In the past month, God has been working overtime to show me something.
As many of you know, I teach high school English and journalism. To say that working with teenagers is a challenge would be the understatement of the year. They are small adults, but much of their choices can be careless; their actions can be very hurtful. So, being your resident softy, I am often cut to the core by some of their decisions. I know I strive to look tough on the outside at my job, but on the inside, I am literally… mush.
There! I said it. Mush! M-U-S-H!
In one of my first years of teaching, a senior of mine on the yearbook staff really, really hurt me. I entrusted her with a lot. I invested in her. I connected with her, but when the chips were down, she fell apart. And in the aftermath, she quit the course without notifying me, and then proceeded to make some very hurtful decisions. I won’t go into details out of respect for her and the fact that once upon a time she was my student…
Well three years went by… and as time often does, it healed many of my wounds over those incidents, and to be honest, the experiences made me a much wiser teacher and tougher person when it came to the letdowns of my job.
So, I was staying late one day to clean my classroom and grade copious essays on the historical context of Harper Lee’s timeless novel, To Kill a Mockingbird. And to my surprise, I heard a little knock and saw a vaguely familiar face in my classroom door’s window…
It a moment’s time, events from a forgotten past came rushing back. I know my reception of this young woman, who was now 21, was a little reserved. I was nervous as to why she was standing in my classroom after all that we’d been through.
Right away, she began speaking. “I know you’re shocked to see me. I wouldn’t blame you after everything I put you through, but I came by today to tell you I am sorry for everything. A lot has been happening in my life, and I’ve been thinking about what I did to you for a long, long time, and I’m sorry.”
There it was. The words I only wished for three years ago. The words I accepted that I’d never hear. But I was hearing them all. And immediately, God softened my heart. My reserved posture became more welcoming, and my washed-out face from the shock regained its color.
She continued on, explaining herself, her mistakes, her sorrow. I could just stand there and listen, and when she was done, I was ready to respond.
“Sarah*,” I said, “Thank you for your apology. Of course I forgive you.”
I told her that she was very brave for coming here to tell me this. I told her that I respected her courage and candor. We talked for a bit more, and then she left.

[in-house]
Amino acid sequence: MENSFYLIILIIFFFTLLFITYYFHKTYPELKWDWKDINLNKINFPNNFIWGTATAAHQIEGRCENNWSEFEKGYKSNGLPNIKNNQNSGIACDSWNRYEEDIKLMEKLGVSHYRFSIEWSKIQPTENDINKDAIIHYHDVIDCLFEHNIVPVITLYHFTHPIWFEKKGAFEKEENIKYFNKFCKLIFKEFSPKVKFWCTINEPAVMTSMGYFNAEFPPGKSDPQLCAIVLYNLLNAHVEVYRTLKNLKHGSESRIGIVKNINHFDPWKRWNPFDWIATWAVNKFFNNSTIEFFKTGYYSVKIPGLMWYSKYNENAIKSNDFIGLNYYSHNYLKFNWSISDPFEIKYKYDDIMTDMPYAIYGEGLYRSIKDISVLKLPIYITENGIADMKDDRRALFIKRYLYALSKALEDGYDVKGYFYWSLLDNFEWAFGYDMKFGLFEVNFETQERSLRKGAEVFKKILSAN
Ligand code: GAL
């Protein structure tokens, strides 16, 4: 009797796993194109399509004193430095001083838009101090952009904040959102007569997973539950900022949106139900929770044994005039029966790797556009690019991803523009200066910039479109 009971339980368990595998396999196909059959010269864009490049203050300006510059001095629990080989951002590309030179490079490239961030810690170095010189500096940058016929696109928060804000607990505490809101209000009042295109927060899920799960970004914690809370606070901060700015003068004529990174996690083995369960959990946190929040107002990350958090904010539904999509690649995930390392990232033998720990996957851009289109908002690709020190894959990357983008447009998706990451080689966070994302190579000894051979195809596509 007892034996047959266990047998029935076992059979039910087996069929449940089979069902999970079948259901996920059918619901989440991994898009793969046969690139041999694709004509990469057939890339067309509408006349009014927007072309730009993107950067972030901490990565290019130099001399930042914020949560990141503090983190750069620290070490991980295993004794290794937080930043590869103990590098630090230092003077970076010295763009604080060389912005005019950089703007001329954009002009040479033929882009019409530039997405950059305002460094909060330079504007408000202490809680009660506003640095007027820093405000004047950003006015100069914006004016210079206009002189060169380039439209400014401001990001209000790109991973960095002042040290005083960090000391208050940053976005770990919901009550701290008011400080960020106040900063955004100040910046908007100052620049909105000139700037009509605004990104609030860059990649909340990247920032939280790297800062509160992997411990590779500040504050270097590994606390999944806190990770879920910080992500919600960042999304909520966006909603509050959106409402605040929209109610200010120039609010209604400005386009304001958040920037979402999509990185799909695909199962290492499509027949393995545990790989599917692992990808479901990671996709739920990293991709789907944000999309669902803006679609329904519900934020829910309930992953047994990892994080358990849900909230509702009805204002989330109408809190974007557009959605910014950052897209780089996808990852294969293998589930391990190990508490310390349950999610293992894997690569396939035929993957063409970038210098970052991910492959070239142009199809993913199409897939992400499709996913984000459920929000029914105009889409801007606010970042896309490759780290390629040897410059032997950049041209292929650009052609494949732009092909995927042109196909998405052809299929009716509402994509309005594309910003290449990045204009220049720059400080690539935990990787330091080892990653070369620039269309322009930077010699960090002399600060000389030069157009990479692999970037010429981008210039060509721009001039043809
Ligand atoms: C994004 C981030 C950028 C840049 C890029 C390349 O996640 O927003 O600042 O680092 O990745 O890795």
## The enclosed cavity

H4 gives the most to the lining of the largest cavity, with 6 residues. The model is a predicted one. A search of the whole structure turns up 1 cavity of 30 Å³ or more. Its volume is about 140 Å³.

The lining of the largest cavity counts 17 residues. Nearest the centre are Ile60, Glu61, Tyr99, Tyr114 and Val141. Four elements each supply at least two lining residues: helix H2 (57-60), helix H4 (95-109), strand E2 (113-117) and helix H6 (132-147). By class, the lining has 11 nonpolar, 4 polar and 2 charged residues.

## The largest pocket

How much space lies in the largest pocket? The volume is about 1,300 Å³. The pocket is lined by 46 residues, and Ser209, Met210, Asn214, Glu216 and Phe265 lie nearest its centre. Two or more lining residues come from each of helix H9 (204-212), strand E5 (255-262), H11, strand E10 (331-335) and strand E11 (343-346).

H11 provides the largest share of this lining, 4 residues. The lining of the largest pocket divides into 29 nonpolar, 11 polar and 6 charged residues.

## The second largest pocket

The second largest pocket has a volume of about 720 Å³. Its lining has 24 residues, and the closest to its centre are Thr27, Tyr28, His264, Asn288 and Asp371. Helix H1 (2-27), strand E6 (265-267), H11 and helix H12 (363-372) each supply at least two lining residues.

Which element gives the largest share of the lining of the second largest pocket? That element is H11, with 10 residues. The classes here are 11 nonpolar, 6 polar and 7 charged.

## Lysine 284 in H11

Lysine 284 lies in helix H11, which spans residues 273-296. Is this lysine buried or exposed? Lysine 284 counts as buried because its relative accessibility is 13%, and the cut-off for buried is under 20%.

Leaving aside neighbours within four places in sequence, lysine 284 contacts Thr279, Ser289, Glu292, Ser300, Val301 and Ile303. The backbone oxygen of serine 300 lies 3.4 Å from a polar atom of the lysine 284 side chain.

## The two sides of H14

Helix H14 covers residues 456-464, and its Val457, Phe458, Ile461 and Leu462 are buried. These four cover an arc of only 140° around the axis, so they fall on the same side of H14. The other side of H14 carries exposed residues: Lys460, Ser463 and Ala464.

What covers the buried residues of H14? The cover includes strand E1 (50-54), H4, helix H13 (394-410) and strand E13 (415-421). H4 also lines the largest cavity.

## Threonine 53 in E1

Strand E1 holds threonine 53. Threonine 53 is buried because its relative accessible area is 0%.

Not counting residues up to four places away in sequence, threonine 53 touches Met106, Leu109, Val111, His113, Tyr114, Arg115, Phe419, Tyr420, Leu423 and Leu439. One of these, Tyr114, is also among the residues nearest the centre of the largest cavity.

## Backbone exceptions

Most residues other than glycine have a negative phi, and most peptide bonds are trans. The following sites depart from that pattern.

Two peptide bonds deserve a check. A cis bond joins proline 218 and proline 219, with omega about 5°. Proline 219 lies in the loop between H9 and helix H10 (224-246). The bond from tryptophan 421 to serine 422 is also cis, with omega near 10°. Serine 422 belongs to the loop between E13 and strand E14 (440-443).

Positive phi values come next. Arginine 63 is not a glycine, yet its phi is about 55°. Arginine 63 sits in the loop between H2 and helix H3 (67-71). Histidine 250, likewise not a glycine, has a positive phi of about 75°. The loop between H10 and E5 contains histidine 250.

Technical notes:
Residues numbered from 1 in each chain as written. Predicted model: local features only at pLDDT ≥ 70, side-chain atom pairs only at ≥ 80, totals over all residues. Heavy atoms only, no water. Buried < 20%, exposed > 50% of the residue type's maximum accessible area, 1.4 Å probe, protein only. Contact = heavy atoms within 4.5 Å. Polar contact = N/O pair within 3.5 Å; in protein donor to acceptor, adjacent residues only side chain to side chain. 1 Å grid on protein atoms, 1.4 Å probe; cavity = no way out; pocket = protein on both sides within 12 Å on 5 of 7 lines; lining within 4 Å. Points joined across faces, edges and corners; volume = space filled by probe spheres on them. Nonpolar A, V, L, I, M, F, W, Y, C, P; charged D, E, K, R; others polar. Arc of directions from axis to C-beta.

And I was left with total peace...
When people hurt us we want to hear “I’m sorry.” We want them to own up to what they’ve done. And most often, those words come late, or they don’t come at all.
Can we be okay with this? Can we move on?
This past month, I've learned two things on this subject. 1) If the apology never comes, I must find a way to forgive anyway and 2) If the apology doesn’t come in a timely manner, perhaps hours or days after the injury, it doesn’t mean it’s not coming at all. We must be patient with the people that hurt us because their apology is often the result of their own personal journey and evolution. Apologies, sincere ones at least, can’t come when our enemies are in their original state. They must come after the fact.
And we, being the ones harmed, must take the higher road and recognize the limits of our enemies. That’s a jagged pill to swallow, I know. It's not easy to accept because we want so badly for justice to prevail in the very moment we determine it should show up. We have a strong sense of what's right and just.
But forgiveness is more powerful than justice. Forgiveness is a tool that allows us to let go. It gives us the strength to show mercy and love by freeing the person who did us wrong if we choose to do so. Forgiveness, as I once read, is a gift we give ourselves.
So for me, I know that I need to remember that no matter how badly I am hurt by someone—and in the past couple of months that’s been a lot—I have the power to forgive, and I have the wisdom to understand that though the apology is delayed or never even comes, I can still forgive for myself.
I have to be honest: normally I am the one teaching my students, but this time it was a former student's unexpected apology that taught me a thing or two about life.
*name of student was changed